How long does it take to get a blue belt

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Before we get into the details, please understand that every person is different. Don’t compare yourself to others, but focus on the journey and getting better.

The blue belt is often seen as a goal by white belts. It is the first belt and when you start out, blue belt can easily handle you and their jiu jitsu can seem like magic to a beginner.

After training for a while and getting closer to the blue belt yourself, then the magic often fades. You might even start catching blue belts with some submissions every so often.

You continue to get better and then one day you get promoted yourself. For many people this can be a wake up call where they realize that the belt does not make you better. It can often feel the opposite.

With a blue belt you have a target on your back and all the whitebelts can smell the blood in the water. Suddenly people go much harder on you during the rolls and that can be frustrating. But this too fades over time as you grow into your new belt and become comfortable wearing it.

So how long does it take?

Keep in mind that not everyone trains the same amount. You can’t compare someone that trains twice per day with someone that trains 2-3 times per week.

For the average person, training 3-4 times per week. It takes on average about two years to earn a blue belt, provided that they are consistent with their training.

If you learn very fast, which is often the case with people who did other sports seriously before, then you might even get it in a year if you train a lot.

Jiu Jitsu is just a hobby for you and you train whenever you can between all your other obligations? Getting to the blue belt might take you a few years.

Again, remember to not compare yourself to others. Everyone has their own journey.

What does a blue belt represent at the BJJ Lab?

A blue belt does not only represent skill, but also knowledge.

Before becoming a blue belt, a white belt should do very well against their peers in sparring and competition. What is a peer? Someone you would compete against. Same gender, age, weight class and skill level.

But skill is not everything. If someone is very athletic or did some form of grappling before, they can often beat other people in training without knowing much BJJ.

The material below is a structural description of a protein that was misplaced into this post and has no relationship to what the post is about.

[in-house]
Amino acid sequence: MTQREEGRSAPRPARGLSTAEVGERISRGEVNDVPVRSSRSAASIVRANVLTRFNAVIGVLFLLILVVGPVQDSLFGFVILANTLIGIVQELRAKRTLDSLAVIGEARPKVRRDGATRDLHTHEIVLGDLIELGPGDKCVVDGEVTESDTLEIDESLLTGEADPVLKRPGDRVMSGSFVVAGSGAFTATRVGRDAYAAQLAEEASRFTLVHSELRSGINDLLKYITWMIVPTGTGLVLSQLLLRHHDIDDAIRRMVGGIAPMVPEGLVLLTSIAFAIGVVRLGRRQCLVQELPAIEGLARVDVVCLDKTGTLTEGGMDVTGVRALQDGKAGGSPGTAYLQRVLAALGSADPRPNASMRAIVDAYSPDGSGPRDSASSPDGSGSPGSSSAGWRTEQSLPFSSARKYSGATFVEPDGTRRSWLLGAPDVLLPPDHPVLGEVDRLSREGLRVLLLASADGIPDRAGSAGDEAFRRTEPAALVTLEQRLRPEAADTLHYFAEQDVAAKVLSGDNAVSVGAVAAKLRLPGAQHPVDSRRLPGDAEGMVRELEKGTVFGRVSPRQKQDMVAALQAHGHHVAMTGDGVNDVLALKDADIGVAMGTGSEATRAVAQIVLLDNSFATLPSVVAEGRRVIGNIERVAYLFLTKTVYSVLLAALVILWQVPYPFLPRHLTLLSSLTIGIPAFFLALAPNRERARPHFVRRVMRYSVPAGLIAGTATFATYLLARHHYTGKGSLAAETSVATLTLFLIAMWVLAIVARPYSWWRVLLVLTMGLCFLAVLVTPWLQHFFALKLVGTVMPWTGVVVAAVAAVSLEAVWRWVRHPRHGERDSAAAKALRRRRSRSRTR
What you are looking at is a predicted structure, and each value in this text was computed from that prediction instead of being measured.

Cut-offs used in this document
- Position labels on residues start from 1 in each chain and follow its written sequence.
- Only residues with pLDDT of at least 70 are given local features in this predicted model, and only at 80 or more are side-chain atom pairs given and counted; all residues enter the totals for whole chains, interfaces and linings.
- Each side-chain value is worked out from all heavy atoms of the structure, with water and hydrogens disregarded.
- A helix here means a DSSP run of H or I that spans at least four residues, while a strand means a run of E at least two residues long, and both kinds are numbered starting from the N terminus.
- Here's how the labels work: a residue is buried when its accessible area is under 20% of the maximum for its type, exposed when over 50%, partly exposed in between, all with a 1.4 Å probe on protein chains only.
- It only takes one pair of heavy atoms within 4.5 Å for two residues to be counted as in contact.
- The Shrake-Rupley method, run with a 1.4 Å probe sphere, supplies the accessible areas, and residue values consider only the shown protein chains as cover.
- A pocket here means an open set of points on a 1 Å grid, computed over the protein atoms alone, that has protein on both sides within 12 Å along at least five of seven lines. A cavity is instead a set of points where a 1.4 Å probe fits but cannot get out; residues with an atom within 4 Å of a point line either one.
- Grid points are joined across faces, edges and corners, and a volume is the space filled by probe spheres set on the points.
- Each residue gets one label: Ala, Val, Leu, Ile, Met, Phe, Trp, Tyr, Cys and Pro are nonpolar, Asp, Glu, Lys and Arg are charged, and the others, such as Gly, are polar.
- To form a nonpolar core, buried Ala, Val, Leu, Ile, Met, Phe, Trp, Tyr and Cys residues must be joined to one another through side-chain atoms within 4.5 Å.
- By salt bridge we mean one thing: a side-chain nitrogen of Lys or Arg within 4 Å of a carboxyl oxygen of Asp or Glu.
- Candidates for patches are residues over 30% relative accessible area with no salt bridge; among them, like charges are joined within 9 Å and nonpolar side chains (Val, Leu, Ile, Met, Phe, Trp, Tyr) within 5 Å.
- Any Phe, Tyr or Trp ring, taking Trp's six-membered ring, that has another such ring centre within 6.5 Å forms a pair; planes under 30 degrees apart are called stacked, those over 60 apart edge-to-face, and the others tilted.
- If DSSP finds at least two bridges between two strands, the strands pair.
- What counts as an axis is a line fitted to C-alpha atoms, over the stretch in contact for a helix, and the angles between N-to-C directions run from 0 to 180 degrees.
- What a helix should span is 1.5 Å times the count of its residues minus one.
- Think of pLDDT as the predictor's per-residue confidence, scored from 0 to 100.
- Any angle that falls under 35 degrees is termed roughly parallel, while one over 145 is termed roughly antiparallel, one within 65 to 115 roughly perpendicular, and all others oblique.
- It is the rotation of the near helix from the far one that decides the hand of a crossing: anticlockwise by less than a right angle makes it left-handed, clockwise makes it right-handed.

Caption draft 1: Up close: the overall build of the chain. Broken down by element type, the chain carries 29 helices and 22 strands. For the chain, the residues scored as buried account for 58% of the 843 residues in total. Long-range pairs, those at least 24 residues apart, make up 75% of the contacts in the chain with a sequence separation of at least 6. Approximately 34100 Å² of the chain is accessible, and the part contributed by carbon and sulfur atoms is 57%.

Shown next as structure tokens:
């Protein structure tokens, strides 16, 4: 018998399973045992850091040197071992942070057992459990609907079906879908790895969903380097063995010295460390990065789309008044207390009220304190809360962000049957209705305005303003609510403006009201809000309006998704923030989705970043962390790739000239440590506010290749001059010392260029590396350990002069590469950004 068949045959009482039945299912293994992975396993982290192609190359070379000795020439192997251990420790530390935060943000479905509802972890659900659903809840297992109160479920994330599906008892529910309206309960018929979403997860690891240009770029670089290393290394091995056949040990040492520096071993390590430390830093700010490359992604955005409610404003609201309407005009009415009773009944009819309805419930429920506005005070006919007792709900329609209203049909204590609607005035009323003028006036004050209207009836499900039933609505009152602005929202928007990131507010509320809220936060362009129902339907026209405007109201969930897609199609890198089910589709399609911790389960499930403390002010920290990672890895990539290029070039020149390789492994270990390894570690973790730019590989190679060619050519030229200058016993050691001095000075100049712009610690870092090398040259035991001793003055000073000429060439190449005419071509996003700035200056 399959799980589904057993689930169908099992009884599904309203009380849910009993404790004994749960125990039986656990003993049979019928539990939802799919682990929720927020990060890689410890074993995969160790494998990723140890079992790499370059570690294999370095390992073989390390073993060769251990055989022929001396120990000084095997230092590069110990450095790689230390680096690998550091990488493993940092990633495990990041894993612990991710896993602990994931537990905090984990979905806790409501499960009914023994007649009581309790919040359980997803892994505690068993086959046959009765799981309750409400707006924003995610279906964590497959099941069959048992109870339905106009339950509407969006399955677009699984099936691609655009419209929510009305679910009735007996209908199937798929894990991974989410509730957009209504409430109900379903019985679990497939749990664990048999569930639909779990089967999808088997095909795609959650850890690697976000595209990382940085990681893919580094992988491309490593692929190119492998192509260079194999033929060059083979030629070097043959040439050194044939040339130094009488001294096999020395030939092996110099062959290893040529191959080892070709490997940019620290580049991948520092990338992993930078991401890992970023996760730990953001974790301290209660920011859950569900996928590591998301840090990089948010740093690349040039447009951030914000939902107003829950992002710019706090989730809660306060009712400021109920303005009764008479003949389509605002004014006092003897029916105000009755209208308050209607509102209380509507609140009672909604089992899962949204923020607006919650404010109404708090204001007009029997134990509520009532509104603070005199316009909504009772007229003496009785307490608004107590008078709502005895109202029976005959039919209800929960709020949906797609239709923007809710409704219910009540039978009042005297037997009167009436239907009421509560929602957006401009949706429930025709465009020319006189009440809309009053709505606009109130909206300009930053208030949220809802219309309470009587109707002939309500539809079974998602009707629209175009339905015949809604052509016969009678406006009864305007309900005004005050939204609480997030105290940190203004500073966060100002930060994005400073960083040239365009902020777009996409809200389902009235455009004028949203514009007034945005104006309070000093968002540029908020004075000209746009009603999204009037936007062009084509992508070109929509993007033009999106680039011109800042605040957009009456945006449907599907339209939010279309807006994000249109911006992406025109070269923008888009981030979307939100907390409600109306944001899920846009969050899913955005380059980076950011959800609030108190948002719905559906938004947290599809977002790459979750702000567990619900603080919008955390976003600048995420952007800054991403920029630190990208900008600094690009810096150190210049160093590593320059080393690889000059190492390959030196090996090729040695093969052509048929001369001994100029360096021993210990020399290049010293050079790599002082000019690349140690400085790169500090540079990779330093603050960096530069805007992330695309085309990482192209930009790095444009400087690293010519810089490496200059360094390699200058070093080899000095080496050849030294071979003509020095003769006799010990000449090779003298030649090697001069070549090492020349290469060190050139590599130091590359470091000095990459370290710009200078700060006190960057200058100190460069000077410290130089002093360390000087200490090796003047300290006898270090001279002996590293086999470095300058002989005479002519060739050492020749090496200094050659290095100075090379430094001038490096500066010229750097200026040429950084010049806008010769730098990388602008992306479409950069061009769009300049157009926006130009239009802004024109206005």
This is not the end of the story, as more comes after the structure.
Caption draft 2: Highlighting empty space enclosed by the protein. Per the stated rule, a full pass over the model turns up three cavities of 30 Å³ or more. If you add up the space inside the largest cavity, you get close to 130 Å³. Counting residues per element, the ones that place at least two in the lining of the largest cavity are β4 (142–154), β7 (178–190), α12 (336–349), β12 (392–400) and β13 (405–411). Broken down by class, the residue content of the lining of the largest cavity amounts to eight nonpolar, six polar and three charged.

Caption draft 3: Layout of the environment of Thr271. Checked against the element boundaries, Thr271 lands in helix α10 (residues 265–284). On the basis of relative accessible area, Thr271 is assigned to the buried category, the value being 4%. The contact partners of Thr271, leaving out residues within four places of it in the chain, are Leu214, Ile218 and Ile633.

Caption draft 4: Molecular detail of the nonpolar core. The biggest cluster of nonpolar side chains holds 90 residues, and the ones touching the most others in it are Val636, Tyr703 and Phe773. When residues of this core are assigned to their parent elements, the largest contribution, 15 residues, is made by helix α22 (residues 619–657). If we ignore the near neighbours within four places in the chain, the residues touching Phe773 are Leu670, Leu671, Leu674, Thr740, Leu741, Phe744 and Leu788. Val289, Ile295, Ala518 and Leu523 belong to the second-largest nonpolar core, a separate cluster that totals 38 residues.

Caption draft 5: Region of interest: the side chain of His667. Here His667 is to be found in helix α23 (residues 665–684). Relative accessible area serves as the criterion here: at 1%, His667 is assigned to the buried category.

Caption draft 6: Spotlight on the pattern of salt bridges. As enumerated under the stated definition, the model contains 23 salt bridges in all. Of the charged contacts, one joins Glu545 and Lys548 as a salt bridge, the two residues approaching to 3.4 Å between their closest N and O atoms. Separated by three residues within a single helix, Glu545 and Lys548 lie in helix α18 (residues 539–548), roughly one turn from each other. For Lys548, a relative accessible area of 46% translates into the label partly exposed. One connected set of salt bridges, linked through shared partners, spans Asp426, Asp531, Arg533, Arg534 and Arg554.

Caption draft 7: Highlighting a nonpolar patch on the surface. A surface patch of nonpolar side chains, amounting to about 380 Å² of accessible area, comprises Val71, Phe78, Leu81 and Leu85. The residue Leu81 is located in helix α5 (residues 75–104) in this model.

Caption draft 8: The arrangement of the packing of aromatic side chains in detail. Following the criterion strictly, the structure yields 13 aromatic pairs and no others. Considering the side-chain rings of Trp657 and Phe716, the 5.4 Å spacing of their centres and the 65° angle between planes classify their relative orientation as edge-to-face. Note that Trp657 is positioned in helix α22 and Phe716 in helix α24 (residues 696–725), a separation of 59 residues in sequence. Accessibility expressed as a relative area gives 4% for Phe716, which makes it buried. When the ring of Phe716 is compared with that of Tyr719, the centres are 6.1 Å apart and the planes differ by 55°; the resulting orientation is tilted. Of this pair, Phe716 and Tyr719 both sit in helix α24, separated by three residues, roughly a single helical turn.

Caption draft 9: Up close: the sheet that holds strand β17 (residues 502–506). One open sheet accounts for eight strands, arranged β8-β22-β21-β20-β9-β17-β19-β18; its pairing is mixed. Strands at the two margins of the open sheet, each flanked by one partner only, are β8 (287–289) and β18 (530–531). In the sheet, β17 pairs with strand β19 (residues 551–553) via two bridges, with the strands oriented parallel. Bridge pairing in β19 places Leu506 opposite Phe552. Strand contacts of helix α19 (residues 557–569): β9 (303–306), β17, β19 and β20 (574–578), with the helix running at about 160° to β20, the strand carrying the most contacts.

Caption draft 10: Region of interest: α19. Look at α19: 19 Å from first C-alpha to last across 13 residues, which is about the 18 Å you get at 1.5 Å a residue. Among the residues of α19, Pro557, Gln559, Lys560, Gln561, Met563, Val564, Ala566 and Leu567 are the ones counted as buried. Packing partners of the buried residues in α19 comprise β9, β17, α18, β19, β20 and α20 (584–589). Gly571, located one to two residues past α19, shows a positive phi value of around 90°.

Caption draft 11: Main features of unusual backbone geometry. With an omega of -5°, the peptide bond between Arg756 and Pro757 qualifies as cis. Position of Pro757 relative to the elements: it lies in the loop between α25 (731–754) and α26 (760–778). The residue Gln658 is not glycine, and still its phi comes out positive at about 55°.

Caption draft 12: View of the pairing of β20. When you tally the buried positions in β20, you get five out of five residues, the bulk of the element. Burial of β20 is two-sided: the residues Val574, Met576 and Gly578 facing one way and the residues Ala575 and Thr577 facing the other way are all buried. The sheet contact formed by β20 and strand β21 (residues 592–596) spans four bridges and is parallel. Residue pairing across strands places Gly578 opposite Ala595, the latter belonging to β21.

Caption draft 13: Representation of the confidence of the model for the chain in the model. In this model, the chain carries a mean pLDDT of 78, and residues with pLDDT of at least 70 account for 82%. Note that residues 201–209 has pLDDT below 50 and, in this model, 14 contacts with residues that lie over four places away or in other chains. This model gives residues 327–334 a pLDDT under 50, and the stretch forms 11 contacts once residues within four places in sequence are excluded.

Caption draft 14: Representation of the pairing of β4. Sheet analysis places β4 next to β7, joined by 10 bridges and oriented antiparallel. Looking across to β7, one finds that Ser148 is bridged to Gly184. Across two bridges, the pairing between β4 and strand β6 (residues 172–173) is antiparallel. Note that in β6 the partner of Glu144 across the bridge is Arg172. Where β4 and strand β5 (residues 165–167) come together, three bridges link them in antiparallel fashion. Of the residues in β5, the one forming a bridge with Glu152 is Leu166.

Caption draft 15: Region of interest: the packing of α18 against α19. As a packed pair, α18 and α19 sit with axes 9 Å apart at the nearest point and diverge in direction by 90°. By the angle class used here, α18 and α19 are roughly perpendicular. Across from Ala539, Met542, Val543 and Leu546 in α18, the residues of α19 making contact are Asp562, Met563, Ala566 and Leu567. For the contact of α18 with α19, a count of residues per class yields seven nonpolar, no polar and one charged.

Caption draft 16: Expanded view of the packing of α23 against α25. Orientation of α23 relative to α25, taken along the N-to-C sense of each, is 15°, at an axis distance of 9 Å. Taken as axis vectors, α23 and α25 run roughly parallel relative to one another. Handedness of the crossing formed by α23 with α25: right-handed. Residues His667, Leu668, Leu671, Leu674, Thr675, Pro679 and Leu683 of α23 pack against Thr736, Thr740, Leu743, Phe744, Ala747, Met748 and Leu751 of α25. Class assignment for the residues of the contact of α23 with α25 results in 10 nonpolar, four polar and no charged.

The second thing that is required is knowledge of the fundamentals. You have to be comfortable with all the techniques and positions from our curriculum before you will get your blue belt.

This is a high bar to pass, but there is a good reason for it. We are proud of all our blue belts and are proud to have them representing us.

Can you find gyms where getting a blue belt is much easier? Of course. If the color of the belt is all that matters to you, then this might seem like a lot. But if you want to represent the art well, a hard earned belt means so much more.

How can you get the blue belt faster?

The number one thing is of course putting in the hours. The more hours you can put into the sport, the faster you will get better (as long as you don’t overtrain).

Of course there are diminishing returns, training twelve times per week is six times as good as training two times. But the more time you spend on the mats, the faster you will get better.

The number two thing is to study. Your body can only recover from so much training, but often your mind can still learn. Use our online learning website BJJ Lab Online. Study matches. Review your own training.

Jiu Jitsu is not a race, but it can still pay off to put in some time early into the sport. BJJ gets a lot more fun the better you get, so the faster you can get past the early days, the more fun your training will be.


I hope I did not make the whole thing too daunting. As you probably heard many times by now, it’s all about the journey and not the destination.

The blue belt is just one milestone in hopefully a lifelong journey. Training BJJ is a lot of fun, no matter what belt you wear. Train consistently, try to get better and everything else, including your blue belt, will follow.

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